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The University of Southampton
Interdisciplinary Research Excellence

10 reasons not to reject the Gaia Hypothesis Event

16:00 - 17:00
15 May 2015
NOC Southampton - Henry Charnock Lecture Theatre (Waterfront Campus).

For more information regarding this event, please email Laura Grange at .

Event details

The Earth, with its core-driven magnetic field, convective mantle, mobile lid tectonics, oceans of liquid water, dynamic climate and abundant life is arguably the most complex system in the known universe.

This system has exhibited stability in the sense of, bar a number of notable exceptions, surface temperature remaining within the bounds required for abundant liquid water and so a significant biosphere. Explanations for this range from anthropic principles in which the Earth was essentially lucky, to homeostatic Gaia in which the abiotic and biotic components of the Earth system self-organise into homeostatic states that are robust to a wide range of external perturbations.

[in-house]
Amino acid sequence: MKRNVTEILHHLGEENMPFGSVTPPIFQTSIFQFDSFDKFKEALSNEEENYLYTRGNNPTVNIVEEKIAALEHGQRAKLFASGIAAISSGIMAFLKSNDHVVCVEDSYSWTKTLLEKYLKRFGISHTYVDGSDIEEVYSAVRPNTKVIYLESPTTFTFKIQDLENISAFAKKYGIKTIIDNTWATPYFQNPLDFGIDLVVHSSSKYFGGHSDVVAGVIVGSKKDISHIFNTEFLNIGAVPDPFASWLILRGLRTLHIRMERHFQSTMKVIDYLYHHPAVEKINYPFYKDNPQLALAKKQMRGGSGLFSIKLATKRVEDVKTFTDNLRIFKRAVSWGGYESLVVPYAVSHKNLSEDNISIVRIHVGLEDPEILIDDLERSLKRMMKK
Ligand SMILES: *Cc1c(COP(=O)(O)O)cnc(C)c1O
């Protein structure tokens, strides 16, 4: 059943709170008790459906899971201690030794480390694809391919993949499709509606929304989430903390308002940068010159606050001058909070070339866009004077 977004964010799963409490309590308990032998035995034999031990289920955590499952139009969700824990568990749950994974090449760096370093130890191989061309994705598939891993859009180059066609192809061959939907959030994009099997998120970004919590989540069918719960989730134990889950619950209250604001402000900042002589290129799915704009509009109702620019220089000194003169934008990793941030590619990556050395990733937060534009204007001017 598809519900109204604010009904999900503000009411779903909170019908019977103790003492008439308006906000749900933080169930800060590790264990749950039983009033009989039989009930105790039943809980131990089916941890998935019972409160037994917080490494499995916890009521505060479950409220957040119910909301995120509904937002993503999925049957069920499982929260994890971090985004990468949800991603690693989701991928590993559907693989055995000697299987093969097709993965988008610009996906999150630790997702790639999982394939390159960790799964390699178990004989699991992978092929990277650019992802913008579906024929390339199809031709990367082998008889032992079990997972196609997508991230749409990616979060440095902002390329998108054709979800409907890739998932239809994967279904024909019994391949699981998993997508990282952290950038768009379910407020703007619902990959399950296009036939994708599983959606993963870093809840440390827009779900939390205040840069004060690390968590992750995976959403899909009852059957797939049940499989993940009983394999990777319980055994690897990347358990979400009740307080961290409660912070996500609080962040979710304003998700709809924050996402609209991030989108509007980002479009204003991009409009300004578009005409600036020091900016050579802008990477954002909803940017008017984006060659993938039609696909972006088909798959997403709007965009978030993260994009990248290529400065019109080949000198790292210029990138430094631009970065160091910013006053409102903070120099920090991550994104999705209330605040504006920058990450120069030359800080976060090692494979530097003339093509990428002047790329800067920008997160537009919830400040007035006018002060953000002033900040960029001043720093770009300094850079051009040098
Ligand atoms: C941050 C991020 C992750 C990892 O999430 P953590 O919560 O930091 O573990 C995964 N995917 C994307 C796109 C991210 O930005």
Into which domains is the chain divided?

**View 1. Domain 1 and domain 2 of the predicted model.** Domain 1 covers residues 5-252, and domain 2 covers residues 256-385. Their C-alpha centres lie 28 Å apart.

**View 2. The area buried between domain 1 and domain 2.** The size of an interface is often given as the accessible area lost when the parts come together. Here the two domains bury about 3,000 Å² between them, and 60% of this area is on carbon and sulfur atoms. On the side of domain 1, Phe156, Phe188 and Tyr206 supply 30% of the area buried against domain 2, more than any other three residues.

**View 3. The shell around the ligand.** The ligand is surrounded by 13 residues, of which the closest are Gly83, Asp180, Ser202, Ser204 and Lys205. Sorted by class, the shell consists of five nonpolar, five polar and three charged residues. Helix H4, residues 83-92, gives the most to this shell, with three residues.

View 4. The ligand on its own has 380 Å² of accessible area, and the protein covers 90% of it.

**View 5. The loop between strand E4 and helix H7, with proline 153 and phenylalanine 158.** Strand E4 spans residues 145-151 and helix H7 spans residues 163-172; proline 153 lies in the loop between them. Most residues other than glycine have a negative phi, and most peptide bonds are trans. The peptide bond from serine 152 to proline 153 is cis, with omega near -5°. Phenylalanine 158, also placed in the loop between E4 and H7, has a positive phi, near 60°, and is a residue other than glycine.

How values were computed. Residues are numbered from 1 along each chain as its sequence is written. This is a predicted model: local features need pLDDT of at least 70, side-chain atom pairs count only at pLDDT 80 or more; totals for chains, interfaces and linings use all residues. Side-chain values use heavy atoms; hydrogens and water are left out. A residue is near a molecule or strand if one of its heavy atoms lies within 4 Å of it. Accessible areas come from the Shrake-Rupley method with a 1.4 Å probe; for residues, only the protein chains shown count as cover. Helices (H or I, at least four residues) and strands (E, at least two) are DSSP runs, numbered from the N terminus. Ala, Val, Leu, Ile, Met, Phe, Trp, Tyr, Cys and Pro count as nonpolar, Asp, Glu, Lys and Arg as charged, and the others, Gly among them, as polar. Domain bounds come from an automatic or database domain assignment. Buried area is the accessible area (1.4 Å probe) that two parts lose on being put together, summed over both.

Homeostatic Gaia would appear to be very unlikely in that there are no plausible mechanisms by which a biosphere could self organise in such a manner. For example, while there are clear adaptive advantages to certain forms of organismic homeostasis, natural selection is not a mechanism that can be applied to planets.

In this talk I will discuss the plausibility of homeostatic Gaia. I will show that rather than requiring a set of specially crafted assumptions, Gaian homoeostasis may emerge as a consequence of feedback loops operating between life and its environment. This mechanism is compatible with our understanding of biological evolution and in fact can be understood as requiring it.

Speaker information

Dr James Dyke,Lecturer of Complex Systems Simulation

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